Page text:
The Ignition Point of a Gas

A flammable gas will spontaneously burn if the temeprature reaches a temperature known as the 'ignition point'. This temperature gives the gas molecules enough energy to break the bonds between atoms that keep molecules together. When these bods are broken, new bonds can be formed which may result in a net release of energy.

A good conductor can rapidy transfer and redistribute heat. The effect of this can be to reduce the temperature of a gas to a temperature below the combustion point. Suppose for example that we light a bunsen burner and put it under a wire gauze. The flame will not pass through the gauze because heat is rapidly conducted so that the gas above the gauze is at a temperature below the ignition point.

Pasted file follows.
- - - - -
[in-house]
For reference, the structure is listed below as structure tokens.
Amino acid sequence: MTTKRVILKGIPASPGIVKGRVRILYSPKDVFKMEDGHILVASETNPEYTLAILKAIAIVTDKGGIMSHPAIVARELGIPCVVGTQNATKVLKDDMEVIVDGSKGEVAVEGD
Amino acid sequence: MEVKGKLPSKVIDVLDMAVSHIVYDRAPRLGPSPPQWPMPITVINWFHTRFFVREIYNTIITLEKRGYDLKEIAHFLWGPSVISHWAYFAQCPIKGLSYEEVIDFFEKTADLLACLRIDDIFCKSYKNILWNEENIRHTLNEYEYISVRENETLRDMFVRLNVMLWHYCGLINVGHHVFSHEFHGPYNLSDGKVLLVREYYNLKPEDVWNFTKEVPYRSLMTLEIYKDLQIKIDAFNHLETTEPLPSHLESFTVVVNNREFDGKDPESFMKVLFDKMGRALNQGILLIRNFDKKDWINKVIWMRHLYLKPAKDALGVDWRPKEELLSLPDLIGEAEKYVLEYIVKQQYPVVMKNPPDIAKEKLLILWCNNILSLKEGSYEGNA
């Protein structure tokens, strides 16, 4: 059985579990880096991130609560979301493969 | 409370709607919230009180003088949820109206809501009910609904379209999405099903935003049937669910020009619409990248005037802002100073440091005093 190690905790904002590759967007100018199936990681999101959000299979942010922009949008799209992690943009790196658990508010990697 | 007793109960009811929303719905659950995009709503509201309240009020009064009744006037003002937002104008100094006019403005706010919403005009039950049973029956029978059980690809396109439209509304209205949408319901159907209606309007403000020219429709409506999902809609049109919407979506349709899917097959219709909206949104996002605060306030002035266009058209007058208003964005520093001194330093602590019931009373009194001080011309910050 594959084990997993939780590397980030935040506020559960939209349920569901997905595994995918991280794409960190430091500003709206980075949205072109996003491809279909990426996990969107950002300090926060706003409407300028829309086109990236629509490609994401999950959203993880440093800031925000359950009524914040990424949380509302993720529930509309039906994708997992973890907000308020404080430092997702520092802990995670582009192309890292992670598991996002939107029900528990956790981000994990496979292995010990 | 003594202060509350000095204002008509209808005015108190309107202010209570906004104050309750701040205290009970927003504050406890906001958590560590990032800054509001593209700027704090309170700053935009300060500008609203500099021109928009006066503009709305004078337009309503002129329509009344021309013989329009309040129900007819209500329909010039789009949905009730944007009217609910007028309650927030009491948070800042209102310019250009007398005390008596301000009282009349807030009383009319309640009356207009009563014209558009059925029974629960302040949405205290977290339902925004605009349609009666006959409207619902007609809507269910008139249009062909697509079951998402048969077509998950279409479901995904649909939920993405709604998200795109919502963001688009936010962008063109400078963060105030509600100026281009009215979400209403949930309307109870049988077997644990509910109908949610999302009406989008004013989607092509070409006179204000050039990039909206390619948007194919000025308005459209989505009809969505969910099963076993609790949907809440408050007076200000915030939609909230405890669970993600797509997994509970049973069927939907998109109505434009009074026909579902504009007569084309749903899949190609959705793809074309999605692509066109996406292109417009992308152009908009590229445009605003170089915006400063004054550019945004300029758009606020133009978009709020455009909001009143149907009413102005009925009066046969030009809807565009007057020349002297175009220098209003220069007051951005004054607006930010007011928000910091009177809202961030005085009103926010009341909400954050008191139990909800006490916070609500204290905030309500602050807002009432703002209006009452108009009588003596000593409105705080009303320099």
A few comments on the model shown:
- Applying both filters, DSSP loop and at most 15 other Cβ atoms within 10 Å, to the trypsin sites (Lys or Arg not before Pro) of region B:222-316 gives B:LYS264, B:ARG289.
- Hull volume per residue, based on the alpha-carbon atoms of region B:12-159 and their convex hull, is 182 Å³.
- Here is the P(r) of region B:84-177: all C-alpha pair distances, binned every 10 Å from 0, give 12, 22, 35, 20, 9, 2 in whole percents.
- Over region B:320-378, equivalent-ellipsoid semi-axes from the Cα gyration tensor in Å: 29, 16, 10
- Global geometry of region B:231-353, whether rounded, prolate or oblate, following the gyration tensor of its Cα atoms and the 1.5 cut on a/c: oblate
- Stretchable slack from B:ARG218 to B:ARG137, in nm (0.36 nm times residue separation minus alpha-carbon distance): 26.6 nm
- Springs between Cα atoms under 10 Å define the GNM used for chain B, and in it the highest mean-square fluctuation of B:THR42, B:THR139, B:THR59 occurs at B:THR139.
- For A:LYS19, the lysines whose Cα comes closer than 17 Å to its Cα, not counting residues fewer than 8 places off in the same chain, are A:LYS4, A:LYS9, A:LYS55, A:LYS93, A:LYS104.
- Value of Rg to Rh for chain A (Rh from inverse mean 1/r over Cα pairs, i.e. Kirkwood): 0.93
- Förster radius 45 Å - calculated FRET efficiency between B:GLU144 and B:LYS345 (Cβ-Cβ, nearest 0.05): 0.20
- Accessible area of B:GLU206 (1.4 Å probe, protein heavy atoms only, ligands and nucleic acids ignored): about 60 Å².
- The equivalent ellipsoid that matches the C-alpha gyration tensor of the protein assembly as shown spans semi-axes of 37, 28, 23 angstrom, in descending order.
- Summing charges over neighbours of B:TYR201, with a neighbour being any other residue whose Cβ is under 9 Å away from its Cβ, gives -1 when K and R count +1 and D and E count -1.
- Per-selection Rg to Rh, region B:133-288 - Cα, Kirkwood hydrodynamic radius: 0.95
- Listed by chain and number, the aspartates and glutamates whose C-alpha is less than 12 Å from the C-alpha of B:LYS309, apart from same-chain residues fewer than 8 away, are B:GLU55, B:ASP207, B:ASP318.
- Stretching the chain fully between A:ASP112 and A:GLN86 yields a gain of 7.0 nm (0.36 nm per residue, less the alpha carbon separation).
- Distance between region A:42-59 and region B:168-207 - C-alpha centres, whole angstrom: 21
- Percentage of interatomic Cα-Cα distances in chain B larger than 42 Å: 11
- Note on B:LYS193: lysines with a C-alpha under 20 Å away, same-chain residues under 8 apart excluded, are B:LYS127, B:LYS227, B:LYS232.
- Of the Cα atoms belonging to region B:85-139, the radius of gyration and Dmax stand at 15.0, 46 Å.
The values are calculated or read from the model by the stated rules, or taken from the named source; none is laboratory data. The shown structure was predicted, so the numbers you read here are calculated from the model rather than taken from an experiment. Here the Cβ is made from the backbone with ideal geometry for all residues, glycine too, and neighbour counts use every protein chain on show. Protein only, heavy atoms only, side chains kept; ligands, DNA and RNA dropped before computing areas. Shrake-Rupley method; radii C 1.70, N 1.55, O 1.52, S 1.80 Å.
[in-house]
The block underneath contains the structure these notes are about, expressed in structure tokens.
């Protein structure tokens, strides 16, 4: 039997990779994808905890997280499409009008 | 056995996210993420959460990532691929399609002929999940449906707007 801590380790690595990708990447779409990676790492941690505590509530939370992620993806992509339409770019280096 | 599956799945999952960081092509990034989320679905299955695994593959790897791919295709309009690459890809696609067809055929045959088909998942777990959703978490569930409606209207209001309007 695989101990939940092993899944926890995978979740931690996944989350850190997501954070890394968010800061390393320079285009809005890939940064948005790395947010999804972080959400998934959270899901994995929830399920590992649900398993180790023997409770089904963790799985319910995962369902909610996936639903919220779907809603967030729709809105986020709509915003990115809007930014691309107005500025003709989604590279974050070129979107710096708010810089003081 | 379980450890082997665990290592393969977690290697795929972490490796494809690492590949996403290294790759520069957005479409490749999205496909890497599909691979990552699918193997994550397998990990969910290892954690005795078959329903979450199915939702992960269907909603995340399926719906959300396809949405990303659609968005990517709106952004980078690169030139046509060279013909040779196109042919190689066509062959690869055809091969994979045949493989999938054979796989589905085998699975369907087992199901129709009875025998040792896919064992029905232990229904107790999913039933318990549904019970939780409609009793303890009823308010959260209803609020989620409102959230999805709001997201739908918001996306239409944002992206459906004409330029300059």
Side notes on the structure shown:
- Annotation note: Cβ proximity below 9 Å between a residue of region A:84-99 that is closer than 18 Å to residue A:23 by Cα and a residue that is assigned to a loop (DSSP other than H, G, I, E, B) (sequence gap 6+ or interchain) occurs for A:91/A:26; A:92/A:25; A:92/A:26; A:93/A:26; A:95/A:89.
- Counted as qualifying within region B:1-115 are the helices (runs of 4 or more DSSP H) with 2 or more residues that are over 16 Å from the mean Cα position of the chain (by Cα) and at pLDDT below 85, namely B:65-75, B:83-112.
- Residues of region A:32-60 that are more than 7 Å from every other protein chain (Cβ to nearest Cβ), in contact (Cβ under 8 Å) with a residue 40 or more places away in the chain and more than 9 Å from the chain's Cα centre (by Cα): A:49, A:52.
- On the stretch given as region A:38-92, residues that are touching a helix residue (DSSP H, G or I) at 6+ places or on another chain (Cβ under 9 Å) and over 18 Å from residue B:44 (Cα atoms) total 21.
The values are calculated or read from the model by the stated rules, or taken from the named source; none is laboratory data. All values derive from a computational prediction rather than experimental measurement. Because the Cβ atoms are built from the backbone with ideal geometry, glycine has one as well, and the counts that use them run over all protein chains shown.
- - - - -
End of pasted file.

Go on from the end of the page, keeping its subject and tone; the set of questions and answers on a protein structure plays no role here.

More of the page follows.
The gas is turned off, the gauze allowed to cool and the gas switched on again. The gas passing through the gauze is lit. The gas below the gauze remains unlit, because heat is conducted away rapidly so the gas below the gauze does not reach the temperature required for ignition.

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